Changing the private sector pension inflation link
The Government is planning to index private sector defined benefit pension increases to the Consumer Prices Index (CPI) measure of price inflation.
These pension schemes are currently increased each year in line with the Retail Prices Index (RPI), which is typically higher than CPI. Over the past twelve months, CPI has been 3.4% with RPI at 5.1%.
Pensions Minister Steve Webb made the announcement in a statement, saying:
“The Government believes the CPI provides a more appropriate measure of pension recipients’ inflation experiences and is also consistent with the measure of inflation used by the Bank of England.
“We believe, therefore, it is right to use the same index in determining increases for all occupational pensions and payments made by the Pension Protection Fund and Financial Assistance Scheme.”
He might have a point.
The RPI measure of price inflation includes the cost of mortgage interest payments; something that those in retirement do not typically need to meet. However, price inflation in retirement is usually higher than it is for people still working, as the goods and services consumed by older people tend to increase in value at a faster rate.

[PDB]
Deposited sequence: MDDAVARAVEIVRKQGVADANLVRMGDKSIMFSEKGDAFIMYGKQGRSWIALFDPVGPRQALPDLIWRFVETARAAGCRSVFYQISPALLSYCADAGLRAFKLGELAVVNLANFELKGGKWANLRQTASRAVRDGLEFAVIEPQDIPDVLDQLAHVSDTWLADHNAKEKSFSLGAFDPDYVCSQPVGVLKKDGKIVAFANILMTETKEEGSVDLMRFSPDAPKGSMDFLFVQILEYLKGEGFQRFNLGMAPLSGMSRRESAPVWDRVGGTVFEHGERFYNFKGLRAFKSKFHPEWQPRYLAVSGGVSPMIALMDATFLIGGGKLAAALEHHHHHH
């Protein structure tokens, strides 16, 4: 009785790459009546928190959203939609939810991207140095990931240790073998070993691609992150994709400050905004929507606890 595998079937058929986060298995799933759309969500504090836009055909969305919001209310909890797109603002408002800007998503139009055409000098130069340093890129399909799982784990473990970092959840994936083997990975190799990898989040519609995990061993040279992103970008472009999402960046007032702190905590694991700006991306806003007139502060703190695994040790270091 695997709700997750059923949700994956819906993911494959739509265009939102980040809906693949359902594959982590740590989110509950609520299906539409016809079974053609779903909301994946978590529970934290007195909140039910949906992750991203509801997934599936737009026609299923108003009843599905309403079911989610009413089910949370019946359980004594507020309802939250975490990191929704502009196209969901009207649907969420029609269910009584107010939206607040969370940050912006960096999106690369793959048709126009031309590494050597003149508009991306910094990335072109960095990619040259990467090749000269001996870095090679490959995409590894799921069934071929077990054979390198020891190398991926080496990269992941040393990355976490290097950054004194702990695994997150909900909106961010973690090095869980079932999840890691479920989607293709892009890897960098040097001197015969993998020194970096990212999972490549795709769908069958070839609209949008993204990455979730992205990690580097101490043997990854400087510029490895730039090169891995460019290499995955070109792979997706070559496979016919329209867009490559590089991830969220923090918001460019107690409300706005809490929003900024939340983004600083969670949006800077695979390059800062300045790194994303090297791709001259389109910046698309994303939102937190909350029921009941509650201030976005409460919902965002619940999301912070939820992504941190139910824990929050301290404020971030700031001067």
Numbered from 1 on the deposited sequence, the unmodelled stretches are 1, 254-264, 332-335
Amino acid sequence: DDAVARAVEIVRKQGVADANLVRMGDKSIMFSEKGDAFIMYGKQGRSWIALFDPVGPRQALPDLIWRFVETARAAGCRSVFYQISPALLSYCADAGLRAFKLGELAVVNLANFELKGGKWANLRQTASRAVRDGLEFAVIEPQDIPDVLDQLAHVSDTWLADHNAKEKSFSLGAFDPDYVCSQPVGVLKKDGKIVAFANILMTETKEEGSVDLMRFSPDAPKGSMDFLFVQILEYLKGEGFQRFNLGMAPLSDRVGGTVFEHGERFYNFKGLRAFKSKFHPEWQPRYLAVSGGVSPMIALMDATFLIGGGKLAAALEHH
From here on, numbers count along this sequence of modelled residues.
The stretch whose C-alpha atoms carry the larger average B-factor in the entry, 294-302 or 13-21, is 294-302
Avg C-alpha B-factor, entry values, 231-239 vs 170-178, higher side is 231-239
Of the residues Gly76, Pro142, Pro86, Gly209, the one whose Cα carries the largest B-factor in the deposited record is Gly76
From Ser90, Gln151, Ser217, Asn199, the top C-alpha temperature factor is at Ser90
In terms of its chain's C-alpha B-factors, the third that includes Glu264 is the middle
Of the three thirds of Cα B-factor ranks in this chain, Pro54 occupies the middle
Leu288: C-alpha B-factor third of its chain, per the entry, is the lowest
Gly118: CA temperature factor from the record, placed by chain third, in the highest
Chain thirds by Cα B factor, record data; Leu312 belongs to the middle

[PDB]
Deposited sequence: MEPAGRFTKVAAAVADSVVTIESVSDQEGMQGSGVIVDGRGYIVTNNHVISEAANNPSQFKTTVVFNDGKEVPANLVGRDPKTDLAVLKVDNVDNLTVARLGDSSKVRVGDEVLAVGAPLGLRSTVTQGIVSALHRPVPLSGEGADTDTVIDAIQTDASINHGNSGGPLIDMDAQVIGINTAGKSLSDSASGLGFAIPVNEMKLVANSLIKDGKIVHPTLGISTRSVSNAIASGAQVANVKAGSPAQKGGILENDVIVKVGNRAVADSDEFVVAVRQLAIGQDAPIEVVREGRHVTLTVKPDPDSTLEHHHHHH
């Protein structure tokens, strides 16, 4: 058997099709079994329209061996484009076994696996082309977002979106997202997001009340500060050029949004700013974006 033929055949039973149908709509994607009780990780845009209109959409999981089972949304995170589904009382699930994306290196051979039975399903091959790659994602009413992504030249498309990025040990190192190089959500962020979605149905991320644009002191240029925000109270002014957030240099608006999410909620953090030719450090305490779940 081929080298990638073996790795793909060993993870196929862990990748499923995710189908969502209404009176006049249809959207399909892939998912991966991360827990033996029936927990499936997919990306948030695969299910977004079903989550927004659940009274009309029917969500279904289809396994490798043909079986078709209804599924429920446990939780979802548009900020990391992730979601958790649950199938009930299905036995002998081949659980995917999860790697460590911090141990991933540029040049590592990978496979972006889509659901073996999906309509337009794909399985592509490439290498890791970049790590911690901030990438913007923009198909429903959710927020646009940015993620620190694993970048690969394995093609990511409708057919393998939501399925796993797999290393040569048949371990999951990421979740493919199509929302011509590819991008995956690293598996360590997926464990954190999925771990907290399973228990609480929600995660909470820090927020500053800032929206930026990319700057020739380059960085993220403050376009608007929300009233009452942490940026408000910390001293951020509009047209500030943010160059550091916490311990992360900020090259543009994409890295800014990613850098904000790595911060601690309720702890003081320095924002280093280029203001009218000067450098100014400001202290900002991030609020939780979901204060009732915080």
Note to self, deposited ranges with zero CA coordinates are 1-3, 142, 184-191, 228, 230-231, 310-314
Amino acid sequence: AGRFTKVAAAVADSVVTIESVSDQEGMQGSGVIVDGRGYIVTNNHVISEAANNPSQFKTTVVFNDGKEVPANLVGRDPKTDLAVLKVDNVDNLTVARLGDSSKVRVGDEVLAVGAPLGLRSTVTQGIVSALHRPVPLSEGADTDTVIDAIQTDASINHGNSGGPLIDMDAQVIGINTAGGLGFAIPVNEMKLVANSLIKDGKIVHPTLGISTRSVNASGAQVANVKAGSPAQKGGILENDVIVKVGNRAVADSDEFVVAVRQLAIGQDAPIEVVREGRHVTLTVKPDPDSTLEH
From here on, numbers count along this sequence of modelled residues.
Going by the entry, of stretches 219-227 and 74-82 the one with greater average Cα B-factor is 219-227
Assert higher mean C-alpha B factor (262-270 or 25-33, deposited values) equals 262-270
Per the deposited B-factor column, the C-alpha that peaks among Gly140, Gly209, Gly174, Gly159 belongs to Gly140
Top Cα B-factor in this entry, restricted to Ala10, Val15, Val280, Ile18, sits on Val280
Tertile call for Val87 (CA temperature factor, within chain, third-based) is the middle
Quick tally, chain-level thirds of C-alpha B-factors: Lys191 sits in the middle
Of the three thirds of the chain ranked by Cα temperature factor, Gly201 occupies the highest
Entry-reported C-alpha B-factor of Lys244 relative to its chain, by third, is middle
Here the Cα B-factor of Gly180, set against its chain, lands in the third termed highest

The Trades Union Congress (TUC) is unhappy with the plans, pointing out that if this link had been in place for the past twenty years, pension payments today would be 14% lower than if they had been linked to RPI.
One impact of this move is that it will reduce the cost of funding pension provision. KMPG has estimated that the move will reduce UK private sector pension liabilities by 10% or about £100bn.
This could result in a temporary reprieve for those private sector defined benefit schemes that remain open to new members. These expensive schemes are closing on a regular basis, due to the higher cost of providing benefits because of longer life expectancy, lower investment returns and more stringent requirements.
Changes to your own pension benefits will depend on your individual scheme, so it is important to engage with the scheme trustees throughout the process and understand what impact it will have on your income in retirement.
Do speak to us if you have any questions about the impact this change could have on your retirement planning and what steps you will need to take to plan for any shortfall as a result.